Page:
In those days most of the legal work involved property disputes, inheritance, etc., and some torts and, of course, criminal cases. To be a good lawyer and advocate one had to be good in both civil and criminal law. He built up a roaring civil practice with occasional forays into criminal cases, some of which were well known. In a short period of about ten years he acquired many coconut and rice paddy properties. Also, the old wood family house was razed and a modern house was built.
It seemed to me that in those days he worked about 14 hours a day including most Sundays. With the law practice firmly established he directed some of his energies to business ventures. The first of these was the founding of the Orient Central Bank with his friend K.P. Mathew (Kaduthodil). The two of them practically traveled most of Central and North Travancore and enlisted several wealthy families as initial investors and depositors. Prominent among these were Koottipparambil, Kochkudiyil, Murikkan, etc. The bank grew very rapidly and became the third biggest bank in Kottayam in a short time, after the Forward Bank and Kottayam Bank. P.K. Kurian was the Chairman and K.P. Mathew the Managing Director. Later the Kottayam Bank and the Orient Central Bank were amalgamated, and P.K. Kurian became a highly paid Director. Unfortunately all the large banks of Kottayam crashed after the Reserve Bank shut down the Palai Central Bank, and the Kottayam Orient bank was no exception.
He has the leading investor/partner in a dairy farm (Gosri Diary) Purchased from the Cochin Royal family in Ernakulam. This, and a bus business he was a partner of, were not successful. However, the closure of the dairy farm resulted in the back of our family property becoming a small dairy farm with several beautiful high yield milk cows. I still remember the names of some of these cows (some of which referred to their breed), Komby, Punjaby, Gir, etc.
I was about seven or eight when my father bought his first car. It was a second hand Humber Super Snipe. This was a big event since there were not many cars in Kottayam in those days.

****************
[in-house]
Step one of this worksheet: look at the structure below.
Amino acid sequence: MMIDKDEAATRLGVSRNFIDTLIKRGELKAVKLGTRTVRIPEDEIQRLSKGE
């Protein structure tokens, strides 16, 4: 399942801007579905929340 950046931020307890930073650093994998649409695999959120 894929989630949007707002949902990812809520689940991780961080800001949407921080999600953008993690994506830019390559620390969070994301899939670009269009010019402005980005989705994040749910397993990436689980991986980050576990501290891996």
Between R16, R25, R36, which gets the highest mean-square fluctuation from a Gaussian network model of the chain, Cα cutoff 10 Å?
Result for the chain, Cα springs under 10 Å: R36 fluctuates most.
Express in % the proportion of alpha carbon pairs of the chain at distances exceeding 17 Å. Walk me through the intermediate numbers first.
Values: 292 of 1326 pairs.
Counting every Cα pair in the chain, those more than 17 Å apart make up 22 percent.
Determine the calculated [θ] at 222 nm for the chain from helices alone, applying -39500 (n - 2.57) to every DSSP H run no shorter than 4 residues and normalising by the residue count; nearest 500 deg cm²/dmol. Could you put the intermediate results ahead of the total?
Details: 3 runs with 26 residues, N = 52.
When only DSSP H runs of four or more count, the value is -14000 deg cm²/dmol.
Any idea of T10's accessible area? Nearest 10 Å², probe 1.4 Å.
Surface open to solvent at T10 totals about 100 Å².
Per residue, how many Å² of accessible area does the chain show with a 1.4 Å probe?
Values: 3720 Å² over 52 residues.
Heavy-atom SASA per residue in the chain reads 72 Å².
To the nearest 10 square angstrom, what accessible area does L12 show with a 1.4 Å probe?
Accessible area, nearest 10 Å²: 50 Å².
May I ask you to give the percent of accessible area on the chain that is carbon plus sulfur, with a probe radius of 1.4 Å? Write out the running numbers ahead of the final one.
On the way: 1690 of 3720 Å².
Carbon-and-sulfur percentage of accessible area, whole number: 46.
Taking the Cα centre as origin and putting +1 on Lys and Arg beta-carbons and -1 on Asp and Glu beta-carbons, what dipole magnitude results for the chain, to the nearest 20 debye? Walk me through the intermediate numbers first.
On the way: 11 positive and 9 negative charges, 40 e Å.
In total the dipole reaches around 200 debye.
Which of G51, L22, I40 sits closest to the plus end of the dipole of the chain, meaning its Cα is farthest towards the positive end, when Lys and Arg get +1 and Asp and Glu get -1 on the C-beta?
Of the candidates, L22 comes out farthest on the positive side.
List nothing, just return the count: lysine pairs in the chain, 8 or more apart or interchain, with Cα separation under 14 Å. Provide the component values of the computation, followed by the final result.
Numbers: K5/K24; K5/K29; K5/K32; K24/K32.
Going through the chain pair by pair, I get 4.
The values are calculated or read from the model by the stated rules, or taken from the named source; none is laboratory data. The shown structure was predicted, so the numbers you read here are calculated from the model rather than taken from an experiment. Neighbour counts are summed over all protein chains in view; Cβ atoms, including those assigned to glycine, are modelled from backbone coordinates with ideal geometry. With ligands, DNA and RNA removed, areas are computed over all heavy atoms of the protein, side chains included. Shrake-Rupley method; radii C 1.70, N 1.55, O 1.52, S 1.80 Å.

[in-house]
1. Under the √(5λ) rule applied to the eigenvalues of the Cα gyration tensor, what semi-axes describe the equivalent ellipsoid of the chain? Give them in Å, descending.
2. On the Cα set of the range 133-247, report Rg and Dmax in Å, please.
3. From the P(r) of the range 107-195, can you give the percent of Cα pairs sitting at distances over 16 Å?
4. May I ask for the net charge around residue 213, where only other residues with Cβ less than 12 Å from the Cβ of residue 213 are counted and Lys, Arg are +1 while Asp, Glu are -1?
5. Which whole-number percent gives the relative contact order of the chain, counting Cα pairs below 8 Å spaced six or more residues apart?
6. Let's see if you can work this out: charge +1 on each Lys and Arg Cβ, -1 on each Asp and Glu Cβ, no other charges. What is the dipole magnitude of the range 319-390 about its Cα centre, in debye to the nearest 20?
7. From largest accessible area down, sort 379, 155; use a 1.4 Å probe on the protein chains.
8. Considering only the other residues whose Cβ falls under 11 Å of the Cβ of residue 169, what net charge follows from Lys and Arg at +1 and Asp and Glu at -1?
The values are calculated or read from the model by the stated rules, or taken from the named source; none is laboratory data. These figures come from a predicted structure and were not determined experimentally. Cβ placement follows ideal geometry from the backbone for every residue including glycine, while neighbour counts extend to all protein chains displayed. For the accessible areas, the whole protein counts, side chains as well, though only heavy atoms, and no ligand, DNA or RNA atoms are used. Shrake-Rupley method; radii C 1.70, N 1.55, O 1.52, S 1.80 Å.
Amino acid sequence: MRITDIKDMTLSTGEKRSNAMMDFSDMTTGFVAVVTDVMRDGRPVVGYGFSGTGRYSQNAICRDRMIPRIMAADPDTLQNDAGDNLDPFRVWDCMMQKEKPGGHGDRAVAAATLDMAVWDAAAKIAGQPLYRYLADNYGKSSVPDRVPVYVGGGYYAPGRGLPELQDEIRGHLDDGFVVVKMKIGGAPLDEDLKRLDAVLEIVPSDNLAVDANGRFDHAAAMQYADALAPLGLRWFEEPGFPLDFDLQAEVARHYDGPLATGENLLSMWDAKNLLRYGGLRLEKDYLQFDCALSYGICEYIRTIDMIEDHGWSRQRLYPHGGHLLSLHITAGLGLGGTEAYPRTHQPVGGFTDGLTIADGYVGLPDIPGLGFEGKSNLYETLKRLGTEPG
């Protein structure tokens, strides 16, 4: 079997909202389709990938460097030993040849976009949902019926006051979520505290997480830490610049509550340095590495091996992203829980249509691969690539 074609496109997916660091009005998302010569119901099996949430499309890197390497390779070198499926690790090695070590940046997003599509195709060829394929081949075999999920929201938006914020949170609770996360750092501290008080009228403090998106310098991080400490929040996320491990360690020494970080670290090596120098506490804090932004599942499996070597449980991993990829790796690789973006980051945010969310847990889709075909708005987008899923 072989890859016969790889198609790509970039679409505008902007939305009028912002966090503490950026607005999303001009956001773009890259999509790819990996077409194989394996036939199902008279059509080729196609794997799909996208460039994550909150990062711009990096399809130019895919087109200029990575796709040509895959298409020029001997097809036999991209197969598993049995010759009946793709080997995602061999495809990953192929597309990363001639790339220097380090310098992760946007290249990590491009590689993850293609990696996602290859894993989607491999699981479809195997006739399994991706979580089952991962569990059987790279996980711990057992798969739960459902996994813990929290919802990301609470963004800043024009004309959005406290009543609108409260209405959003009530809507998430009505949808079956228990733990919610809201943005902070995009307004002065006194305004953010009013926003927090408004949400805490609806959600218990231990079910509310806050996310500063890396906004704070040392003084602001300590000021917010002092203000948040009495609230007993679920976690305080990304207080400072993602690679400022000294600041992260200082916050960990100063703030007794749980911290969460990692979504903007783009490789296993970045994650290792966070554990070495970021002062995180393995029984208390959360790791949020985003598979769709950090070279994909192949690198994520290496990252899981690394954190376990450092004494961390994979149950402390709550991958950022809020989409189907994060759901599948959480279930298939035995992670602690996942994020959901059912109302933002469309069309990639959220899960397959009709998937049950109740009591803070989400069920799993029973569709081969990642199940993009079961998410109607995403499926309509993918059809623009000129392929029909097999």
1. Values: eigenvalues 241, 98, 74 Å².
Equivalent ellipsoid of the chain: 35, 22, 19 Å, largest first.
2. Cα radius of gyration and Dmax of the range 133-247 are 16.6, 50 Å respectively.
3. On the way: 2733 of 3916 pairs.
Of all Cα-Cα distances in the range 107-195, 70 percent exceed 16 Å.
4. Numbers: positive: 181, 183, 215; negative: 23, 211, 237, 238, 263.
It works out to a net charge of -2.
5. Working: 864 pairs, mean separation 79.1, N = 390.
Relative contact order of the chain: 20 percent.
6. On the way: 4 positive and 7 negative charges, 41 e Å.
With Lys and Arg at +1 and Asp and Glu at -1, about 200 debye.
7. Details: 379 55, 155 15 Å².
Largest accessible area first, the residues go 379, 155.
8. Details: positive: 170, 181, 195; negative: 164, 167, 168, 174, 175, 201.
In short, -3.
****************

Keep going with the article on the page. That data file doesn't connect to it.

P.K. Kurian was a very generous man. He was always there to help people in need, relatives and just about anybody that needed help with money, recommendations for jobs, and spending his own valuable time to solve their problems. The local people of all faiths and economic strata treated him with great respect. He was also the charter president of the Lions Club of Kottayam, and was very active in the club’s service to the poor.
I do not know when he decided to leave his atheist inclinations and become active in the church. This happened in his early forties. It may be because he was invited by the first native bishop of the C.M.S. (later C.S.I. � Church of South India ) Diocese, Rt. Rev. Dr. C.K. Jacob, to become a lay officer of the diocese. He also started attending the Sunday services at the Olessa Church about two Sundays per month.
He was very active in the election of the next bishop. He and the then Lay Secretary (Trustee) A.V. George supported Rev. M.V. George. Rev. George was elected with the highest number of votes, and the names of the three top vote getters were submitted to the C.S.I. Moderator (Rt. Rev. Dr. Sumithra) somewhere in Andhra Pradesh. Unfortunately for reasons of politics unknown to the locals early on, the Moderator selected the lowest vote getter of the three, Rev. M.M. John.
Rev. M. M. John was from the Matteethara branch of the Thondukuzhy family, i.e., we were distant cousins. Further, Rev. M.M. John and P.K. Kurian were classmates. A year or so after the investiture of Bishop John, A.V. George died and P.K. Kurian became the Lay Secretary (Trustee) of the Diocese.
Many of the decisions and policies of Bishop John, especially those involving schools, the relatively recently converted low caste segment of the diocese (which later formed a separate church), etc., were very controversial, which also got the diocese entangled in several law cases. This resulted in P.K. Kurian being both the Trustee and free Legal Advisor/Advocate of the Central Kerala diocese. He spent untold number of hours on these cases and traveled much at his own expense, and succeeded in disentangling the diocese from many of the problems it got into. P.K. Kurian also played a major role in establishing the Moore College of Mavelikkara. Bishop John was truly grateful to my father and really the whole Ponnattu family for all his services, and always referred to him as Kochu, his nickname.